Season One (March-June; 4 T 3 Z 2 P)
WCS Korea – Soulkey (Z)
IEM VII – Yoda (T)
MLG Winter – Life (Z)
WCS Europe – MVP (T)
Dreamhack Stockholm – Leenock (Z)
WCS America – HerO (P)
WCS Finals – Innovation (T)
Dreamhack Summer – Stardust (P)
Homestory Cup VII – Taeja (T)

Season Two (June-August; 5 T 2 Z 1 P)
WCS Korea – Maru (T)
WCS Europe – duckdeok (P)
MLG Spring – Polt (T)
WCS America – Polt (T)
Dreamhack Valencia – HyuN (Z)
IEM VIII Shanghai – Revival (Z)
ASUS ROG Summer – Taeja (T)
WCS Finals – Bomber (T)

Season Three (August-December; 5 T 5 P 3 Z)
WCS Korea – Dear (P)
WCS Europe – MMA (T)
Dreamhack Bucharest – Taeja (T)
WCS America – Polt (T)
IEM New York – Life (Z)
WCS Finals – Dear (P)
Blizzcon – sOs (P)
Dreamhack Winter – Taeja (T)
HomeStory Cup VIII – Taeja (T)
IEM Singapore – herO (P)
WCG – Soulkey (Z)
Hot6ix Cup – Rain (P)
ASUS ROG NorthCon – Jaedong (Z)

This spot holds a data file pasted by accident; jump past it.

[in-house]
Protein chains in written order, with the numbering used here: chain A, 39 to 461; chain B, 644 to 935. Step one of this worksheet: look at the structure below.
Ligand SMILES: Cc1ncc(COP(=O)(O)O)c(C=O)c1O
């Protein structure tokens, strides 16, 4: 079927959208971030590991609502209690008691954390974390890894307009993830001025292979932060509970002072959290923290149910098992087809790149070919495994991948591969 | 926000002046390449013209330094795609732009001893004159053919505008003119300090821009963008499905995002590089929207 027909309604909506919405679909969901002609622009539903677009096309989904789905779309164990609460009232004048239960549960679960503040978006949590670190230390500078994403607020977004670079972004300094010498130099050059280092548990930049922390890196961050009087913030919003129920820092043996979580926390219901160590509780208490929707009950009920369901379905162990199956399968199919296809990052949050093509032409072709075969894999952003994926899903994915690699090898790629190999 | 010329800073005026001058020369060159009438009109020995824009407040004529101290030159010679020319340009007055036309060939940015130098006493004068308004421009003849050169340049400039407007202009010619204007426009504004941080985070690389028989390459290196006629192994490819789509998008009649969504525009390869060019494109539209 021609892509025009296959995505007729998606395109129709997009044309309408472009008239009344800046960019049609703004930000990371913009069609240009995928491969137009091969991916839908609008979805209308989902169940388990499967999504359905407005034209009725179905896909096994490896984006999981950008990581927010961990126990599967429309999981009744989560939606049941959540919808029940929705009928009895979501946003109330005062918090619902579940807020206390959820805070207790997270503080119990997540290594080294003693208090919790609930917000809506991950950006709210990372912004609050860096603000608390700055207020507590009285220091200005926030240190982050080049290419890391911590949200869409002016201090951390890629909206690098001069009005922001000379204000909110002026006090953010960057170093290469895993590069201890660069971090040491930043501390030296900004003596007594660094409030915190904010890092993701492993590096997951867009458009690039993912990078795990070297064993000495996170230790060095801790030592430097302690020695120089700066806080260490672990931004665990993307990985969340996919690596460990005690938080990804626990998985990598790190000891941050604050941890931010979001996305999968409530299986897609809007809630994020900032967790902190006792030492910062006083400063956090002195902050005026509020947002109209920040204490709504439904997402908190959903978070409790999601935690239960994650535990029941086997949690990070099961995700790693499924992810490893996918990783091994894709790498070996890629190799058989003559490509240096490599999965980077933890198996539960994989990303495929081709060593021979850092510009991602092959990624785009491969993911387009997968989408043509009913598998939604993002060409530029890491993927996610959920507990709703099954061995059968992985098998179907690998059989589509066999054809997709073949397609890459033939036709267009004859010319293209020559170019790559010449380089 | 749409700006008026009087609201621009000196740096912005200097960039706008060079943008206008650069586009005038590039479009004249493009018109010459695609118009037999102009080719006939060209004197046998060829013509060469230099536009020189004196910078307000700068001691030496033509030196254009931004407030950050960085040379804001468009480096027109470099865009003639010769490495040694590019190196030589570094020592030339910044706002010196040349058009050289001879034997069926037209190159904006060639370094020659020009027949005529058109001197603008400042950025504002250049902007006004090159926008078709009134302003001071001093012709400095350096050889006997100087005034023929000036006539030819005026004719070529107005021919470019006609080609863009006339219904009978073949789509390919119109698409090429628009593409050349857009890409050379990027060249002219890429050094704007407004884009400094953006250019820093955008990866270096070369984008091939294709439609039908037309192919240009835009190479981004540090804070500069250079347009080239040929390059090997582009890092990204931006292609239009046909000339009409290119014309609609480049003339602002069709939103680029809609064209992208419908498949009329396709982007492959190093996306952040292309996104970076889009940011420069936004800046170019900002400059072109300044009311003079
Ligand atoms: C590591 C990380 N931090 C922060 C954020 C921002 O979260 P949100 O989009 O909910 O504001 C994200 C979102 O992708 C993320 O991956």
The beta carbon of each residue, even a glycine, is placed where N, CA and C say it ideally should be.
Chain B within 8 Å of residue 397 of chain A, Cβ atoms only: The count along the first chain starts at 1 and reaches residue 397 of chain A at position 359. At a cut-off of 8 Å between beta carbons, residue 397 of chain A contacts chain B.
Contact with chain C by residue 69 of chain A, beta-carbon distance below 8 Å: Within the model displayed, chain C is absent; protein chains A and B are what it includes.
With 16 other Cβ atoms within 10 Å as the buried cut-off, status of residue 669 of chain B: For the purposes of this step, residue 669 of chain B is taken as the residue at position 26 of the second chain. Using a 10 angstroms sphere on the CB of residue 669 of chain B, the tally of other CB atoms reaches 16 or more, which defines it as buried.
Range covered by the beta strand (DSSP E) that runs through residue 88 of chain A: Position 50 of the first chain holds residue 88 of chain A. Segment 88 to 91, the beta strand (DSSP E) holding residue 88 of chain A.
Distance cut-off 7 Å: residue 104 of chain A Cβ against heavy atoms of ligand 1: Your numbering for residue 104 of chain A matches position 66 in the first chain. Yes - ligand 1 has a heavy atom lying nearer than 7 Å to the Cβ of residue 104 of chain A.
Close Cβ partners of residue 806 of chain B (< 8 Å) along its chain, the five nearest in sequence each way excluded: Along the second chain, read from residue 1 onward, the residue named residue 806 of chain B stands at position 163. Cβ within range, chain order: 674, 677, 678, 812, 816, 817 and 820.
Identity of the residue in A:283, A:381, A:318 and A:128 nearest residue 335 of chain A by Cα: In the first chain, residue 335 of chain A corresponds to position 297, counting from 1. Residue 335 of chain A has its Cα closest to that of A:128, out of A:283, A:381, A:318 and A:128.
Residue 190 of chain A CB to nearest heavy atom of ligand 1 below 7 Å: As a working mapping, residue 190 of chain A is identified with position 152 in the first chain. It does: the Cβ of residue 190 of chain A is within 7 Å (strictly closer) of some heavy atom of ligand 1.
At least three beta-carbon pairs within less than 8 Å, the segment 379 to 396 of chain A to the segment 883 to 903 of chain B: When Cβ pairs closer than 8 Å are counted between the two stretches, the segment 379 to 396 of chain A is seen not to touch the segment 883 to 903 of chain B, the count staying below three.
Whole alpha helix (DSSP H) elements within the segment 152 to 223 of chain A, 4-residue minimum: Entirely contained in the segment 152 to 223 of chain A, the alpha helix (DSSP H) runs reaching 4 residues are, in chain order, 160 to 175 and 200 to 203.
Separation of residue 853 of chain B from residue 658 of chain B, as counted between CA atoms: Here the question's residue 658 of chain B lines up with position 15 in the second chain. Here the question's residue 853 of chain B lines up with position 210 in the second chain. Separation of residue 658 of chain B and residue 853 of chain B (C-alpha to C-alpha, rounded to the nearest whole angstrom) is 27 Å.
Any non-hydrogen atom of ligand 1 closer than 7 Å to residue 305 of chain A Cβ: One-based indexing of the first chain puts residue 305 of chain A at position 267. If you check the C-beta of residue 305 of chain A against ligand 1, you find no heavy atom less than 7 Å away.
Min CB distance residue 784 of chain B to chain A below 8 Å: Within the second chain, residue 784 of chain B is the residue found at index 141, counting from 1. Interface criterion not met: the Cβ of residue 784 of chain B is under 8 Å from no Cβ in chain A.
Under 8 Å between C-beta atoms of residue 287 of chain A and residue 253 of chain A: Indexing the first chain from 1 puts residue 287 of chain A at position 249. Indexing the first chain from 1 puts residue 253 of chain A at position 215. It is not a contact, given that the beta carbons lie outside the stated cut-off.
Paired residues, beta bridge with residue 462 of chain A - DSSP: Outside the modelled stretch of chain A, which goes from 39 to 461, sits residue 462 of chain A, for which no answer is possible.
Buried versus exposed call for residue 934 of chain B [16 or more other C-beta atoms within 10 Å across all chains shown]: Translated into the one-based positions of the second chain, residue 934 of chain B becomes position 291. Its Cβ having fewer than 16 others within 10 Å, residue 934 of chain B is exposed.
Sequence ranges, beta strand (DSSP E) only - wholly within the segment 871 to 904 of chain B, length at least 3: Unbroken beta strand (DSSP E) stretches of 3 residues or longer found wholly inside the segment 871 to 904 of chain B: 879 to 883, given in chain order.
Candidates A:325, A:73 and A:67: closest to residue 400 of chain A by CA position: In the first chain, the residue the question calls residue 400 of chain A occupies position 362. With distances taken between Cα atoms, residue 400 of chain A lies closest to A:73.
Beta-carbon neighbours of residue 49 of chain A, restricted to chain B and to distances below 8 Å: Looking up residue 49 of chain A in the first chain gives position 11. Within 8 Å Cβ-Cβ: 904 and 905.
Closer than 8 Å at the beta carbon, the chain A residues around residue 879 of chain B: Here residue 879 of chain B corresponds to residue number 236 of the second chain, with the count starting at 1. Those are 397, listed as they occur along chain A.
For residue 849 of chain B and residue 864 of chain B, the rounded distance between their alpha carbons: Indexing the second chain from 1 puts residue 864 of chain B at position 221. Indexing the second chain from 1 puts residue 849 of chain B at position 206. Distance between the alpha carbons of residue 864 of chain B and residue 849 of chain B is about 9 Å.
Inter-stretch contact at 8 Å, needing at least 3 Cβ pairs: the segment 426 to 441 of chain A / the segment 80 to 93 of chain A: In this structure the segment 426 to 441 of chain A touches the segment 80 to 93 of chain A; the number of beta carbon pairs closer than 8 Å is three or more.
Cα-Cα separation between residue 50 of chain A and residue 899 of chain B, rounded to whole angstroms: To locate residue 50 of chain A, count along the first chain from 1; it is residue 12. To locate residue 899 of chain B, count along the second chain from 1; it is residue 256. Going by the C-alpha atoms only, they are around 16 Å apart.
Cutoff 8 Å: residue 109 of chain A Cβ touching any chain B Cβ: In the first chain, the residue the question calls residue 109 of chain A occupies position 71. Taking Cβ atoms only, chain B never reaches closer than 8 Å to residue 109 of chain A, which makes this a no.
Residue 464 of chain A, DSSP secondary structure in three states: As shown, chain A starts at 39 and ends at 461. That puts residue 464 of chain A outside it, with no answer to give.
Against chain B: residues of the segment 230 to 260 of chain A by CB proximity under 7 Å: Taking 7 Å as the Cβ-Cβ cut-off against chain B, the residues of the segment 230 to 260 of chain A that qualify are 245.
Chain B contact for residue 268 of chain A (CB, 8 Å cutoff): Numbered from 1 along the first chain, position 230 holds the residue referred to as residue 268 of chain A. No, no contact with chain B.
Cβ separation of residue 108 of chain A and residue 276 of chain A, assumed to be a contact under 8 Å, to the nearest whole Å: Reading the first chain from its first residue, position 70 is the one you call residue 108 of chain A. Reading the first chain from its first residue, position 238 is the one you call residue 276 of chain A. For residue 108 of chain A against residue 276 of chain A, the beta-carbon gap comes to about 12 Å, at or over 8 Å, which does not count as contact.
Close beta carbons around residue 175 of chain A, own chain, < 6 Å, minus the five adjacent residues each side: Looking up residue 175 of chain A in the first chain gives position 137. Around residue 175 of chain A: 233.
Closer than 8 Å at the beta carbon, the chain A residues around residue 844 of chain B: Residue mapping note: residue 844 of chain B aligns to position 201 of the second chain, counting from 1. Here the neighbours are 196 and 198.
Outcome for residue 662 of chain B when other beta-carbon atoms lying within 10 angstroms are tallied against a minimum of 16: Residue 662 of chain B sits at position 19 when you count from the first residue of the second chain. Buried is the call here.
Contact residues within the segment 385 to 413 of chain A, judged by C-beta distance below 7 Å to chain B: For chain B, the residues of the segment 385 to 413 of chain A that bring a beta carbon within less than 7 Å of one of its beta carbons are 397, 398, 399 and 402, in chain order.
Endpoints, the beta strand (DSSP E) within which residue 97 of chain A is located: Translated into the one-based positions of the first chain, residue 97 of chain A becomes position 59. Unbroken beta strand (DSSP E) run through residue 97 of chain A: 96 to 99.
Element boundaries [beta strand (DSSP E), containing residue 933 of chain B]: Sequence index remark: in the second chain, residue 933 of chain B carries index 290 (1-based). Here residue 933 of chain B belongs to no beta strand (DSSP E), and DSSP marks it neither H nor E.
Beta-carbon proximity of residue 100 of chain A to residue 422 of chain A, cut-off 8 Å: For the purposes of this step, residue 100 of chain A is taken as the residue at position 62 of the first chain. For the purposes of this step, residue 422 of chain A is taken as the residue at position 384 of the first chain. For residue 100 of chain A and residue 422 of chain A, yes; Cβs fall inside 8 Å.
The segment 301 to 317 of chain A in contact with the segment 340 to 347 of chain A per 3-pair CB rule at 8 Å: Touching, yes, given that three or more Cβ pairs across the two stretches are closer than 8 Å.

The last few tournaments happened after the end of the official WCS season, but I think it’s worth including them.  I realise the Korean season finals happened before the world season finals of the previous season, but I think it’s less confusing to lay it out as above.  Back to the main point, too much emphasis can be placed on the race of the champion, but nevertheless here’s the overall breakdown: T – 14, P – 8, Z – 8.

So was it the year of the Terran?  There’s no question Korean Terrans performed extremely well, even after the Hellbat nerf (in July).  It’s also worth noting that other than in Korea and in the WCS Finals/Blizzcon, none of these tournaments are truly “best-on-best” in terms of the caliber of players participating.

The other thing that remains a constant is that foreigners do not reach the podium (for those unfamiliar with the use of the term in this context, “foreigner” denotes anyone not from Korea).  One can argue that a couple of players (Scarlett and Naniwa) can compete with any top Korean player, but it’s needless to say there’s a large gap in overall talent after those two.  No foreigner has won their “home” WCS region–only one (Stephano) has made it to the finals.  Accepting that looking at the winners alone isn’t the most useful exercise, let’s look at the runner-ups in all the tournaments above: